Take the 2-minute tour ×
Stack Overflow is a question and answer site for professional and enthusiast programmers. It's 100% free, no registration required.

So... I want to write an insertion sort and a merge sort in clisp. The input will be a flat list of numbers. How would one write these 2 sorts recursively (preferably without using lambdas)? For the insertion sort I was thinking of making a function that takes the list and an integer (which is meant to be the current index of the element of interest) as arguments, and using setf and nth to manipulate the list. I know there's also supposed to be another recursive function inside that one, but like... I just get confused with so many functions and variables to store and stuff.

For merge sort I have absolutely no idea.

share|improve this question

1 Answer 1

up vote 1 down vote accepted

Merge sort is naturally recursive (as is any divide and conquer problem)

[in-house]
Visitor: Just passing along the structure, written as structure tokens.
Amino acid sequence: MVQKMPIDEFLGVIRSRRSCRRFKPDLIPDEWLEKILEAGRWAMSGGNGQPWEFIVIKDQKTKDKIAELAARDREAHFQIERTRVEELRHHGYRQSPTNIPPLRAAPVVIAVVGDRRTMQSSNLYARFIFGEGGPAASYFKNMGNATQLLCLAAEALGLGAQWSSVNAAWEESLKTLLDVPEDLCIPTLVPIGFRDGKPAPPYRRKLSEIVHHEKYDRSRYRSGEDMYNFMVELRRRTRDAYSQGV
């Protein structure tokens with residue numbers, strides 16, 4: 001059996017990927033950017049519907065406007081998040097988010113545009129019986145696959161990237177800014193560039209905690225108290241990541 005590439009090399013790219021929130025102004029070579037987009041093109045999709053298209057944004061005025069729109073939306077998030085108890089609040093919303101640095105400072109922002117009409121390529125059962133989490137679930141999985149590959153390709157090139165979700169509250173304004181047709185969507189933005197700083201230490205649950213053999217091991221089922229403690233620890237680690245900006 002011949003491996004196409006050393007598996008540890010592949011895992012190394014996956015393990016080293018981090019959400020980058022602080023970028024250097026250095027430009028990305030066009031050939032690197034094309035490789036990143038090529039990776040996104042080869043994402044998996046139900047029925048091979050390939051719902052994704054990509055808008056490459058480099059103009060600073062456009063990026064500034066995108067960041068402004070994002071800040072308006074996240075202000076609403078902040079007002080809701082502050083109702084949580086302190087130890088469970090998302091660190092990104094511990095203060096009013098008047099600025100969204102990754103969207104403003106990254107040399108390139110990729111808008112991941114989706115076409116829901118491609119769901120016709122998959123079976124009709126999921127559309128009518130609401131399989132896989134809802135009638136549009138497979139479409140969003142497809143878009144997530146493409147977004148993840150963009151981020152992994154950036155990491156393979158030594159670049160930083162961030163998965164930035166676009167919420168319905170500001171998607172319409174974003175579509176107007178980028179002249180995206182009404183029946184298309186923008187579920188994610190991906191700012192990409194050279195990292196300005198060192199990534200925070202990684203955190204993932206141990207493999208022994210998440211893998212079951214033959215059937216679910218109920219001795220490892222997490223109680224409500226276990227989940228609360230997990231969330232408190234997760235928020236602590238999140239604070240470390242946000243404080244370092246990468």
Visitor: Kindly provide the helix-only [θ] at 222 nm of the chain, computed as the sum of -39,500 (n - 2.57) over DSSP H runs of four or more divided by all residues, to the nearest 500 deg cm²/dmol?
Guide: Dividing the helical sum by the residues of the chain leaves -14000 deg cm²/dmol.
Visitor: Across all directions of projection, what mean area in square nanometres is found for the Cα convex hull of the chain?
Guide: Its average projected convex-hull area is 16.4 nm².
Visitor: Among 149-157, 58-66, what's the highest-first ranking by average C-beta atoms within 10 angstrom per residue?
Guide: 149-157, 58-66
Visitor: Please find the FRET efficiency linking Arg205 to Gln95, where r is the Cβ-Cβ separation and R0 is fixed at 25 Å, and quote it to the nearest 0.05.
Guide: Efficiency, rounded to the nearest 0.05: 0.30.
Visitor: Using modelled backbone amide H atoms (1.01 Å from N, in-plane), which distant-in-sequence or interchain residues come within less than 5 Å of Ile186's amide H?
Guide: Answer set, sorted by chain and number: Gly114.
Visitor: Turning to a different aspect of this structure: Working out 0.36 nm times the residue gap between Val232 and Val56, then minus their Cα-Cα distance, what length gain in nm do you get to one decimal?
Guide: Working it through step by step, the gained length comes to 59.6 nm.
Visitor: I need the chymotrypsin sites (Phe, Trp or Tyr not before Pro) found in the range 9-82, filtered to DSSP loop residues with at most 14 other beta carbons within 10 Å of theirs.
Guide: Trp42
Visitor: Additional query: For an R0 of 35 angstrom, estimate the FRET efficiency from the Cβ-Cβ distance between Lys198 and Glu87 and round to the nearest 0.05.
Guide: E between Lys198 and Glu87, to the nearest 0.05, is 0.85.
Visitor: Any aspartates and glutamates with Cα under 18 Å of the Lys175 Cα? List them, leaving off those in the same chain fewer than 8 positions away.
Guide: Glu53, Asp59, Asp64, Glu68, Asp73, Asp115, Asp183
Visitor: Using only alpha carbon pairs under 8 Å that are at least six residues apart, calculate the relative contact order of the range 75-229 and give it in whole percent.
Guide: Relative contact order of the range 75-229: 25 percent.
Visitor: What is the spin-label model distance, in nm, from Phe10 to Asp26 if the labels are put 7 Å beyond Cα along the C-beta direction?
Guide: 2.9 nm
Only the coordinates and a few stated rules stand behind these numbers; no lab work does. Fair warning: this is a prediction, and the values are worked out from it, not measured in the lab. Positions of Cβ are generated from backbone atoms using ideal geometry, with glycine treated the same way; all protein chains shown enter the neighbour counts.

The insertion sort implementation they have cited is sort of anti-functional


But loops can easily be turned into tail recursion instead.

share|improve this answer
Not that Common Lisp is guaranteed to be tail recursive, but most implementations do that as an implementation detail. –  Will Hartung Mar 11 '12 at 0:03
The merge looks okay, but the insertion one is a bit... crazy. This is precisely why I came here--I have no clue what any of that looping syntax or "finally", or "aref", or "1+/1-", or "flet" stuff is. –  Pojo Mar 11 '12 at 21:57

Your Answer


By posting your answer, you agree to the privacy policy and terms of service.

Not the answer you're looking for? Browse other questions tagged or ask your own question.